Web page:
Rationale: To improve the effectiveness of tuberculosis (TB) control programs in the United States by identifying cost-effective priorities for screening for latent tuberculosis infection (LTBI).
Objectives: To estimate the cost-effectiveness of LTBI screening using the tuberculin skin test (TST)and interferon-g release assays (IGRAs).
Methods: A Markov model of screening for LTBI with TST and IGRA in risk-groups considered in current LTBI screening guidelines.
Measurements and main results: In all risk-groups, TST and IGRA screening resulted in increased mean life expectancy, ranging from 0.03–0.24 life-months per person screened. IGRA screening resulted in greater life expectancy gains than TST. Screening always cost more than not screening, but IGRA was cost-saving compared with TST in some groups. Four patterns of cost-effectiveness emerged, related to four risk categories. (1) Individuals at highest risk of TB reactivation (close contacts and those infected with HIV): the incremental cost-effectiveness ratio (ICER) of IGRA compared with TST was less than $100,000 per quality-adjusted life year (QALY) gained. (2) The foreign-born: IGRA was cost-saving compared with TST and cost-effective compared with no screening (ICER ,$100,000 per QALY gained). (3) Vulnerable populations (e.g., homeless, drug user, or former prisoner): the ICER of TST screening was approximately $100,000–$150,000 per QALY gained, but IGRA was not cost-effective. (4) Medical comorbidities (e.g., diabetes): the ICER of screening with TST or IGRA was greater than $100,000 per QALY.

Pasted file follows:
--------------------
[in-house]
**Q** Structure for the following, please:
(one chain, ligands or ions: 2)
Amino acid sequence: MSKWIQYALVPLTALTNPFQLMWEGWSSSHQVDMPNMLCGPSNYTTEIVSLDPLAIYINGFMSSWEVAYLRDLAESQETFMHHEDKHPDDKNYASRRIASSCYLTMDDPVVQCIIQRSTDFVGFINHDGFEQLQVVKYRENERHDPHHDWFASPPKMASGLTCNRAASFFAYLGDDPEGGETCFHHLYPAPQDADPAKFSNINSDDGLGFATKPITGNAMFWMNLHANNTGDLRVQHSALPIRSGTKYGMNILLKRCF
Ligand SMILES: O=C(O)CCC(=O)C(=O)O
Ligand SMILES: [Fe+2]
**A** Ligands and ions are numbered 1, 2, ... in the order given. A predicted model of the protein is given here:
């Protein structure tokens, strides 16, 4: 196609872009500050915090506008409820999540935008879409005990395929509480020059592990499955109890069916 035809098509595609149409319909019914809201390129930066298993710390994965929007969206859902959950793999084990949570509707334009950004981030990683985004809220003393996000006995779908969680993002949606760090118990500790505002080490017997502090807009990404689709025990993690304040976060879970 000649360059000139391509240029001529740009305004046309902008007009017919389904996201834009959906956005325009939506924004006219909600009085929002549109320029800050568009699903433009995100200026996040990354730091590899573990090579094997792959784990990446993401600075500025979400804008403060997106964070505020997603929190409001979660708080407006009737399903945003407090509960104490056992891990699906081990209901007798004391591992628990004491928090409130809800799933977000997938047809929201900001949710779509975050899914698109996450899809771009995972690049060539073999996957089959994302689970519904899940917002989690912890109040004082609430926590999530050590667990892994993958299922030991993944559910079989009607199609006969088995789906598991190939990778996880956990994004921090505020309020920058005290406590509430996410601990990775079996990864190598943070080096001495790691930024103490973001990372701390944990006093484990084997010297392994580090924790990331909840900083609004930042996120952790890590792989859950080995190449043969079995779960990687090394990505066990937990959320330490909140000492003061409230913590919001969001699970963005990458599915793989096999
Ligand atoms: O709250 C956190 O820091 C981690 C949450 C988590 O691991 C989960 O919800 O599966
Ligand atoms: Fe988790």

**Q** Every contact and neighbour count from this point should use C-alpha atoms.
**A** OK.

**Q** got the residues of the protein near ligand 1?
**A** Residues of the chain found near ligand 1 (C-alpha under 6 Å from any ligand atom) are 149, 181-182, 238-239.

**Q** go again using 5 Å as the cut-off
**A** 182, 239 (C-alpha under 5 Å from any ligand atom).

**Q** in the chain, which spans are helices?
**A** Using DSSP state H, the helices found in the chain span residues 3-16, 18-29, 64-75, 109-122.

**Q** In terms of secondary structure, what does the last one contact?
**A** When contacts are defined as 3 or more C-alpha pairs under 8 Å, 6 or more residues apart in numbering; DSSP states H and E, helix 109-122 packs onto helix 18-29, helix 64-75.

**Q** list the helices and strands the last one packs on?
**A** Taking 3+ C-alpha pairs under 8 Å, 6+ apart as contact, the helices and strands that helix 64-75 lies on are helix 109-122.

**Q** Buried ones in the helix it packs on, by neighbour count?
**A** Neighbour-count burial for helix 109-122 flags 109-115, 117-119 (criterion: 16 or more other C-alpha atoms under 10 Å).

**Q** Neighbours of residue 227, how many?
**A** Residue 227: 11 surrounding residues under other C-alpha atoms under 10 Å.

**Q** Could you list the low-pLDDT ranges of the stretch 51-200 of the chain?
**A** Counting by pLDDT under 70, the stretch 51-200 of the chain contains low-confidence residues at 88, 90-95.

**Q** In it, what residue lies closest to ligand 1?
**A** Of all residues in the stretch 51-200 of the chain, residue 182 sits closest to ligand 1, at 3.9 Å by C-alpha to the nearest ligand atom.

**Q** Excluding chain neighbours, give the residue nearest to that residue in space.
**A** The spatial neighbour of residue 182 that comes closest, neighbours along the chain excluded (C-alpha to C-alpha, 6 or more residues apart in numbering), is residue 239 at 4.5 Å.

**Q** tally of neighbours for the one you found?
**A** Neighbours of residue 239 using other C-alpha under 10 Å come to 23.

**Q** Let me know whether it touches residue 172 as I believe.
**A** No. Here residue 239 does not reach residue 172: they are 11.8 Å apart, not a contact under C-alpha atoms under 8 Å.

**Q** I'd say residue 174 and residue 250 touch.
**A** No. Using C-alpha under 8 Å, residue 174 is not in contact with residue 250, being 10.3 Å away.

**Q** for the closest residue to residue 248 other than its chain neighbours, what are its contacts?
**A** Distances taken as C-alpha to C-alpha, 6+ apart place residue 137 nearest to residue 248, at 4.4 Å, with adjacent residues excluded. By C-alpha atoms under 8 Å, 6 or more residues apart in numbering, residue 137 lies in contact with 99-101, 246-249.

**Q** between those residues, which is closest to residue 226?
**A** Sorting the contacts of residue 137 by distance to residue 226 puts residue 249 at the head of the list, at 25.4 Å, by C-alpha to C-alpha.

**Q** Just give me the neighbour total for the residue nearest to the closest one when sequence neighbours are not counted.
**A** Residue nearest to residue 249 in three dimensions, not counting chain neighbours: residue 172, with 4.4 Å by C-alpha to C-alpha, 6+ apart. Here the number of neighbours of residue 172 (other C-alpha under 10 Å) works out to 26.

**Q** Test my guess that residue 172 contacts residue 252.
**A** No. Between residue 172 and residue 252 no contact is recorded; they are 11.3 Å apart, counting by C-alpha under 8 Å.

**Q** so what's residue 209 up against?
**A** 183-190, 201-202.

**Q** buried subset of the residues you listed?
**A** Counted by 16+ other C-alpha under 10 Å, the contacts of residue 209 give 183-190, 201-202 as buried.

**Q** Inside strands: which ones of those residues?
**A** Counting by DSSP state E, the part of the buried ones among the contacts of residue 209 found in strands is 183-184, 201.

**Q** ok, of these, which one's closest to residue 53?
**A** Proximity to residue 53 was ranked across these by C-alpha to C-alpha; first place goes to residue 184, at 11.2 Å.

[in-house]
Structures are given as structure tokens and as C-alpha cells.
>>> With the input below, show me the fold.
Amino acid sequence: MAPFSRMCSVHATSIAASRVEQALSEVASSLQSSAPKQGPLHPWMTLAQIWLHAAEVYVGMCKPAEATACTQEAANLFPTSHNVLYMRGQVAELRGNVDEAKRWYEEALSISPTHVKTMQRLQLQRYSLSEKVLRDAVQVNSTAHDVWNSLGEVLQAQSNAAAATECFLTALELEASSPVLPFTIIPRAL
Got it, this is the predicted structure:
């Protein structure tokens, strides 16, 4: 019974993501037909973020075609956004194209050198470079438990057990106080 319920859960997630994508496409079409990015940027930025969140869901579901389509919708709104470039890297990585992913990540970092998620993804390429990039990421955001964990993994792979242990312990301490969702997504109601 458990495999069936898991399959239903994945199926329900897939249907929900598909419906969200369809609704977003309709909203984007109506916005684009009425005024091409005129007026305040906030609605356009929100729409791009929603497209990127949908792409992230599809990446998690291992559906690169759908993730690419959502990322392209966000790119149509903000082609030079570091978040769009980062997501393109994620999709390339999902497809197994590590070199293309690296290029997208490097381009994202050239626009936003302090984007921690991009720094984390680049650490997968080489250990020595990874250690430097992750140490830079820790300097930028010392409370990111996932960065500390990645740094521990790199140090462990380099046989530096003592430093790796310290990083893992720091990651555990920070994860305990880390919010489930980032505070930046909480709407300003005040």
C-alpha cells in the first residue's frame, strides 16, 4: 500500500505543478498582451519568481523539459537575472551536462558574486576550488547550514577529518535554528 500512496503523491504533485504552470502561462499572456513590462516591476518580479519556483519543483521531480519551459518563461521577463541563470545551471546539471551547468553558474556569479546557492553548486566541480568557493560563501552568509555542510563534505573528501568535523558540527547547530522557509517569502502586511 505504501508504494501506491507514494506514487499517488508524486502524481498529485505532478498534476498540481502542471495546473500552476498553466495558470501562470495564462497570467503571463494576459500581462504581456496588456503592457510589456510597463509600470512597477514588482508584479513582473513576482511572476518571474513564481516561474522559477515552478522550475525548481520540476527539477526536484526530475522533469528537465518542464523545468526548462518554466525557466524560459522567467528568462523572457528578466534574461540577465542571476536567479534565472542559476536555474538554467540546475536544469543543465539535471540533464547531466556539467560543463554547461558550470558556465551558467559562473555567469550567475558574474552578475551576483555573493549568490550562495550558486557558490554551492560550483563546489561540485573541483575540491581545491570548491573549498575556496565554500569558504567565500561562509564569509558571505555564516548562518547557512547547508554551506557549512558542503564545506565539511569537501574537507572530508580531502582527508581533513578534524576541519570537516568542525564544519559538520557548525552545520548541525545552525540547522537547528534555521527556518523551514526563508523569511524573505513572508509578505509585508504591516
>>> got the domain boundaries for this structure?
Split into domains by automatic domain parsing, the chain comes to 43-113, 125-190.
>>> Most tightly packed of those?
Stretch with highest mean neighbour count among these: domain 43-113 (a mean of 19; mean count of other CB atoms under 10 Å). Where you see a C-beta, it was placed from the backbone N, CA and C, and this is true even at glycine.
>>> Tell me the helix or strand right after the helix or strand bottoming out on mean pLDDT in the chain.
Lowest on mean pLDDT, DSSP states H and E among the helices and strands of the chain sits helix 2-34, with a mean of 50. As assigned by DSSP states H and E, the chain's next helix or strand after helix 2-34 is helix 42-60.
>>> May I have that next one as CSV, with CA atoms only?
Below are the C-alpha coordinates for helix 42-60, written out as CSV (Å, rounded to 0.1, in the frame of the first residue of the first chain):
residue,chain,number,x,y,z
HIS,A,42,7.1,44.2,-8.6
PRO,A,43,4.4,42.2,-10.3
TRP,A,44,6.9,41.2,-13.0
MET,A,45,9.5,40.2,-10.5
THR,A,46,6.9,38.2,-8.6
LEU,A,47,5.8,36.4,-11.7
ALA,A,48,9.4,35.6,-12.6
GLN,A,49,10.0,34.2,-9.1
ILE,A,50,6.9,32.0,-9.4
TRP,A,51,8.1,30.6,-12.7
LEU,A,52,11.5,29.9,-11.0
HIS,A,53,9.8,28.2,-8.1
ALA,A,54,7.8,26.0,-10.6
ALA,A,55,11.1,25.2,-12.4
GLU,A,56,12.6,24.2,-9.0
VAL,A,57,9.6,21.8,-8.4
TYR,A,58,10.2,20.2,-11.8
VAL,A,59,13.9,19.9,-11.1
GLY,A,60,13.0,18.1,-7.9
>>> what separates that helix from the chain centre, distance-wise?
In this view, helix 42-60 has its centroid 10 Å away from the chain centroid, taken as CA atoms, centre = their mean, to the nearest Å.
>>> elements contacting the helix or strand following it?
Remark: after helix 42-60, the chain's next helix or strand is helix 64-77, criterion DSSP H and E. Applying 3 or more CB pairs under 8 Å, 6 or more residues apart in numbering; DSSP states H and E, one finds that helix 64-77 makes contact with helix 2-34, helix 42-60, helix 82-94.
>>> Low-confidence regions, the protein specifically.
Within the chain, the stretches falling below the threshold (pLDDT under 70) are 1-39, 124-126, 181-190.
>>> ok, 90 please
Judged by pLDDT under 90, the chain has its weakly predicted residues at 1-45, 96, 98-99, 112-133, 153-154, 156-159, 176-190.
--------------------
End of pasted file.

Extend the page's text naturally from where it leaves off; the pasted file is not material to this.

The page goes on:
Conclusions: LTBI screening guidelines could make progress toward TB elimination by prioritizing screening for close contacts, those infected with HIV, and the foreign-born regardless of time living in the United States. For these groups, IGRA screening was more cost-effective than TST screening.